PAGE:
Munich rejects ‘stumbling stone’ Holocaust memorials at Jewish leader’s request


BERLIN (JTA) — Heeding the objections of a local Jewish leader, Munich is introducing a new form of Holocaust remembrance as an answer to the ubiquitous “stumbling stones” memorials that dot sidewalks in front of sites across Europe from which Jews were deported.

The first two small plaques and markers with photos and biographical details were installed Friday at apartment buildings in the capital of Bavaria, recalling the lives and fates of Jews who once lived there.

“With this new form of commemoration, Munich is taking its own path towards an honorable and lasting remembrance,” said Charlotte Knobloch, head of the Jewish community of Munich and Bavaria, according to news reports.

Knobloch for years has opposed the installation of “stumbling stone” memorials — small brass plaques generally installed on sidewalks in front of places from where Jews were deported. She considers their placement on the ground, where people tread on them or they get dirty, an insult to the memory of Holocaust victims. Knobloch herself survived World War II in hiding with a Christian family in Germany.

Initiated by the Cologne-based artist Gunter Demnig, the Stolpersteine plaques include basic information about the individuals. His nonprofit asks for about $140 to cover the cost of creating and setting the stones. According to his website, more than 50,000 “stumbling stones” have now been installed across Europe, often with descendants of Holocaust victims present. Other cities and communities in Germany welcomed the memorial stones.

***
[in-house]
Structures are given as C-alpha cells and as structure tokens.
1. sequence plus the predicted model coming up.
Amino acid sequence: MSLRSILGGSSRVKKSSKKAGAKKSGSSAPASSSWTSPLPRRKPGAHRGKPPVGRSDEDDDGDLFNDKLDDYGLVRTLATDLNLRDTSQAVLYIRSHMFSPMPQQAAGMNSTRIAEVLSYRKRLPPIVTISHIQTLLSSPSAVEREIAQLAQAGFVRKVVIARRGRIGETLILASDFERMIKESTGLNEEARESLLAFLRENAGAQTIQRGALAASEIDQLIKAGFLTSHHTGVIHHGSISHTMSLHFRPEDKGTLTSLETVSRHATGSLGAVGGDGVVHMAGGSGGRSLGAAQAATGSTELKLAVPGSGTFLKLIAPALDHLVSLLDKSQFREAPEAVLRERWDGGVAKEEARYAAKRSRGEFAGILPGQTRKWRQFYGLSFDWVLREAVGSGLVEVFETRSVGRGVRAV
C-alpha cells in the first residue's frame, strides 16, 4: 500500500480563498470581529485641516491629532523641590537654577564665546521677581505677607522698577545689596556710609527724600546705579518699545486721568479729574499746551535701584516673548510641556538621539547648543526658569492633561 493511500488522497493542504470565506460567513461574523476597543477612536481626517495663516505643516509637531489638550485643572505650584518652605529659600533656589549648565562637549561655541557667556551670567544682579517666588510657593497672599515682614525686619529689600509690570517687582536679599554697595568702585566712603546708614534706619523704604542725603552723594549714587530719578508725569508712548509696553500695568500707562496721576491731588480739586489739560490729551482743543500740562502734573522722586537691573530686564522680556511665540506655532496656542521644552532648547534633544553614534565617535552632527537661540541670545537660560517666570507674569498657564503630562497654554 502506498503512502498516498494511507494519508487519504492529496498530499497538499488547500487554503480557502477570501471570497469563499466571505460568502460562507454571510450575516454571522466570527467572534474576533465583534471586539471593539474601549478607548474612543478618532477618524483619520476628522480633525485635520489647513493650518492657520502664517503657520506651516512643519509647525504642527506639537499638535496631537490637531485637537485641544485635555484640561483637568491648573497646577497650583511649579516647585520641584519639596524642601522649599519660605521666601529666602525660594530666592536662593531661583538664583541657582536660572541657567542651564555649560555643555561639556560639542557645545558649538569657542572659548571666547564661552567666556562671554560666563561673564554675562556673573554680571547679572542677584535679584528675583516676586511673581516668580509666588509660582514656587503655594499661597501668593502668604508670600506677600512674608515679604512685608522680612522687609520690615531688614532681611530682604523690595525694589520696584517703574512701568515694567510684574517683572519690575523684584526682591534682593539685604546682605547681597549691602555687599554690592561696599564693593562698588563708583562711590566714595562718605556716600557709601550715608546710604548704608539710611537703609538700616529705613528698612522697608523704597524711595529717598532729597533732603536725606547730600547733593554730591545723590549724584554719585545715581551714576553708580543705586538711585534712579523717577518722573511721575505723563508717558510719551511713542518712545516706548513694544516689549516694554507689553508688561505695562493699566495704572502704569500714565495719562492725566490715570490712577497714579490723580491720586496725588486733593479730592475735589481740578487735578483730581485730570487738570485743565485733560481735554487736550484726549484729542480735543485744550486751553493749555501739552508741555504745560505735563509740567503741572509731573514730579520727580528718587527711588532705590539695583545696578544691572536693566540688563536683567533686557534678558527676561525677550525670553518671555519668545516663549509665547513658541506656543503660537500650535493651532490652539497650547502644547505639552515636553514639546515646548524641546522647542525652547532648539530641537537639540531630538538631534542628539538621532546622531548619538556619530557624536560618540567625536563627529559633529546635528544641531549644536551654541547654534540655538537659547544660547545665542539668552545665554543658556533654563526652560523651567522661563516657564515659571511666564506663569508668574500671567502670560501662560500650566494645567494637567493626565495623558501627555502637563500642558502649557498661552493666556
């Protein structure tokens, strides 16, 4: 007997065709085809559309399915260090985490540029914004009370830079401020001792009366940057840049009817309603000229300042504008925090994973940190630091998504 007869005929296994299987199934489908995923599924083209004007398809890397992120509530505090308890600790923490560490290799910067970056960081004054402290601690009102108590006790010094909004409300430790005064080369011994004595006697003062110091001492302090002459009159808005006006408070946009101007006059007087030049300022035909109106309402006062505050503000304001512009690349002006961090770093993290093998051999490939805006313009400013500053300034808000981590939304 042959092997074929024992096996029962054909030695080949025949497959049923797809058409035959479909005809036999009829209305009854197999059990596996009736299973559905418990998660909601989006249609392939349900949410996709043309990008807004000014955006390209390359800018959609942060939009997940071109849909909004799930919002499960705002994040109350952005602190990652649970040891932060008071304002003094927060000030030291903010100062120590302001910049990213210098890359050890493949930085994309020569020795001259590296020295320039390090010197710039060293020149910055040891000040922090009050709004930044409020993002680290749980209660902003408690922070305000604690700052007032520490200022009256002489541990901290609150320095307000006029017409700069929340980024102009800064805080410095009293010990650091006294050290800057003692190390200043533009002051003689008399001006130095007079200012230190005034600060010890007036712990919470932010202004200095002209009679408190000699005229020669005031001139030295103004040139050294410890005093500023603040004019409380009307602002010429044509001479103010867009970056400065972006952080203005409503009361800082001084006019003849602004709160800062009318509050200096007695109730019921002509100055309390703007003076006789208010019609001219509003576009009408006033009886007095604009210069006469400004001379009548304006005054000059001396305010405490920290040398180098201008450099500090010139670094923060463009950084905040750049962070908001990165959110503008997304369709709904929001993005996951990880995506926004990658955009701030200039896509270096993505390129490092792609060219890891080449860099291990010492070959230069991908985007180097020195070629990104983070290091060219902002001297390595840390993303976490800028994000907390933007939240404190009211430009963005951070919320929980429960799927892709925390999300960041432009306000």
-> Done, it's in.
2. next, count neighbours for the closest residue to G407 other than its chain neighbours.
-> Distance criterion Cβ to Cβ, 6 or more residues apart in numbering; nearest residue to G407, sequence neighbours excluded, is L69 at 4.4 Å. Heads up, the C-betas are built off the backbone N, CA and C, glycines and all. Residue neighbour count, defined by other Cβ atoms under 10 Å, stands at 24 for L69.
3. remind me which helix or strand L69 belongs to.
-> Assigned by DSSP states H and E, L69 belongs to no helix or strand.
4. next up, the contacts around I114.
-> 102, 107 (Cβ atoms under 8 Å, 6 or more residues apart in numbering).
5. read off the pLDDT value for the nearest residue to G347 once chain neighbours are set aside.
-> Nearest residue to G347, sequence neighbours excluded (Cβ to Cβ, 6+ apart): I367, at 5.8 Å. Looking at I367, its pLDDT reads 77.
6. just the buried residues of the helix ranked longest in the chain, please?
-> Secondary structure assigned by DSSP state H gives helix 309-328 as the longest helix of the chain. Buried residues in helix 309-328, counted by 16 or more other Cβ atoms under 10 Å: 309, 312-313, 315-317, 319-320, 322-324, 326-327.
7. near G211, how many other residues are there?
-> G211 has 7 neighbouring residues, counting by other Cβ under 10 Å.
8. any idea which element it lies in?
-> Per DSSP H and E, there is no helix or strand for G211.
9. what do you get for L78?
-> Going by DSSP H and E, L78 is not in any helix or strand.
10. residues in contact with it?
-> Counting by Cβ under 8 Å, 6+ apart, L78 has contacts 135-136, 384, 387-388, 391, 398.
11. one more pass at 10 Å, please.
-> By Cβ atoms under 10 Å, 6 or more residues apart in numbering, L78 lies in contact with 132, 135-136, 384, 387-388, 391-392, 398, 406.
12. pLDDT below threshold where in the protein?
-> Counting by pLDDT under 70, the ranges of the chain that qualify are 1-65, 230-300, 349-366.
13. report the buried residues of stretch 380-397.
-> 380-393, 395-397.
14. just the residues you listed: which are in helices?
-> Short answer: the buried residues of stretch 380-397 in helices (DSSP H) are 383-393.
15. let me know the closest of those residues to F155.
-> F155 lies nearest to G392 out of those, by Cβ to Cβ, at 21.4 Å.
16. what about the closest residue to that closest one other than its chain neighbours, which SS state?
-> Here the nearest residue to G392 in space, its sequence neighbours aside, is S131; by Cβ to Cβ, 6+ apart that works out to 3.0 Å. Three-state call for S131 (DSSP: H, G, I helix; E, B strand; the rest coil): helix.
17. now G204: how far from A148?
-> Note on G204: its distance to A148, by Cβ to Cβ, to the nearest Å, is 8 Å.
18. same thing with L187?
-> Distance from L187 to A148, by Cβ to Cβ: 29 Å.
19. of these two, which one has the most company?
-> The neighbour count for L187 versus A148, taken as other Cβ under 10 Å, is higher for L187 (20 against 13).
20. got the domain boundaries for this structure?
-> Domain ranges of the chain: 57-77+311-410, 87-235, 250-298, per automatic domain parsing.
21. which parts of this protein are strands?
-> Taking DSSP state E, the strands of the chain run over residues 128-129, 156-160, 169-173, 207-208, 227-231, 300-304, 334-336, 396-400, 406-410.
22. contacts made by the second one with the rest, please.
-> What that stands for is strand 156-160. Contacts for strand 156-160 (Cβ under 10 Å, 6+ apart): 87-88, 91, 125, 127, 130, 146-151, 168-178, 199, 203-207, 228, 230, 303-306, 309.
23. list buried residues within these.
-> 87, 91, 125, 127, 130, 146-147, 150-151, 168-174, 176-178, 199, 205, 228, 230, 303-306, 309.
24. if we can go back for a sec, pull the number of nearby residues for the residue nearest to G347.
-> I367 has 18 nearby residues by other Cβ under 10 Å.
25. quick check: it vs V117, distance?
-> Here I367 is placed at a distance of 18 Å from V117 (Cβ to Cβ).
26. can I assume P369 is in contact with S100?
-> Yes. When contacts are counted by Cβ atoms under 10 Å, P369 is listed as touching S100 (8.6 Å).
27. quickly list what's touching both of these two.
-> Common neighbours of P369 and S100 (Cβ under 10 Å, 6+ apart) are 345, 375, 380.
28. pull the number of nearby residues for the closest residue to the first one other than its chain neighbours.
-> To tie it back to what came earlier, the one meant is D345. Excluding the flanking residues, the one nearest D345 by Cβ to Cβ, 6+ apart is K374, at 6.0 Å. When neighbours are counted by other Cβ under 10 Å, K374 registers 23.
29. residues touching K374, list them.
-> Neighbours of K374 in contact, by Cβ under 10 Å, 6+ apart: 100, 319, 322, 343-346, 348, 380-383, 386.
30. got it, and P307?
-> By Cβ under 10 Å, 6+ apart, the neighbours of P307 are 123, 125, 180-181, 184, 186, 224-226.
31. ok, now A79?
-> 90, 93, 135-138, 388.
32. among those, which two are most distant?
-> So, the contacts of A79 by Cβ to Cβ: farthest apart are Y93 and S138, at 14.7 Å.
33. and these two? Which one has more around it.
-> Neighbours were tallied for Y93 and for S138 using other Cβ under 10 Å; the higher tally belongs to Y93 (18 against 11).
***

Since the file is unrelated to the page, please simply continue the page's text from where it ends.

Supporting Knobloch, the City Council voted three years ago to reject the project, and their stand was backed in December by the Bavarian Administrative Court. Now the city reportedly has earmarked $175,000 for the new project.

Munich Mayor Dieter Reiter was on hand last week for the installations of the new memorials.

The first is dedicated to the philologist Friedrich Crusius, who was put to death because of mental illness; the art gallery owners Paula and Siegfried Jordan, who were shot in 1941; and to Franz and Tilly Landauer — Franz was the brother of Kurt Landauer, prewar president of the FC-Bayern soccer club, who fled to Switzerland in 1939 and saved his life. All of his siblings were murdered by the Nazis.

Another two plaques and markers are to be installed by Aug. 5, according to news reports.

Meanwhile, the opposition association, Stolpersteine for Munich, has installed a few stumbling stone memorials on private property.

An app called Munich stumbling blocks provides a virtual memorial to Holocaust victims from the city.

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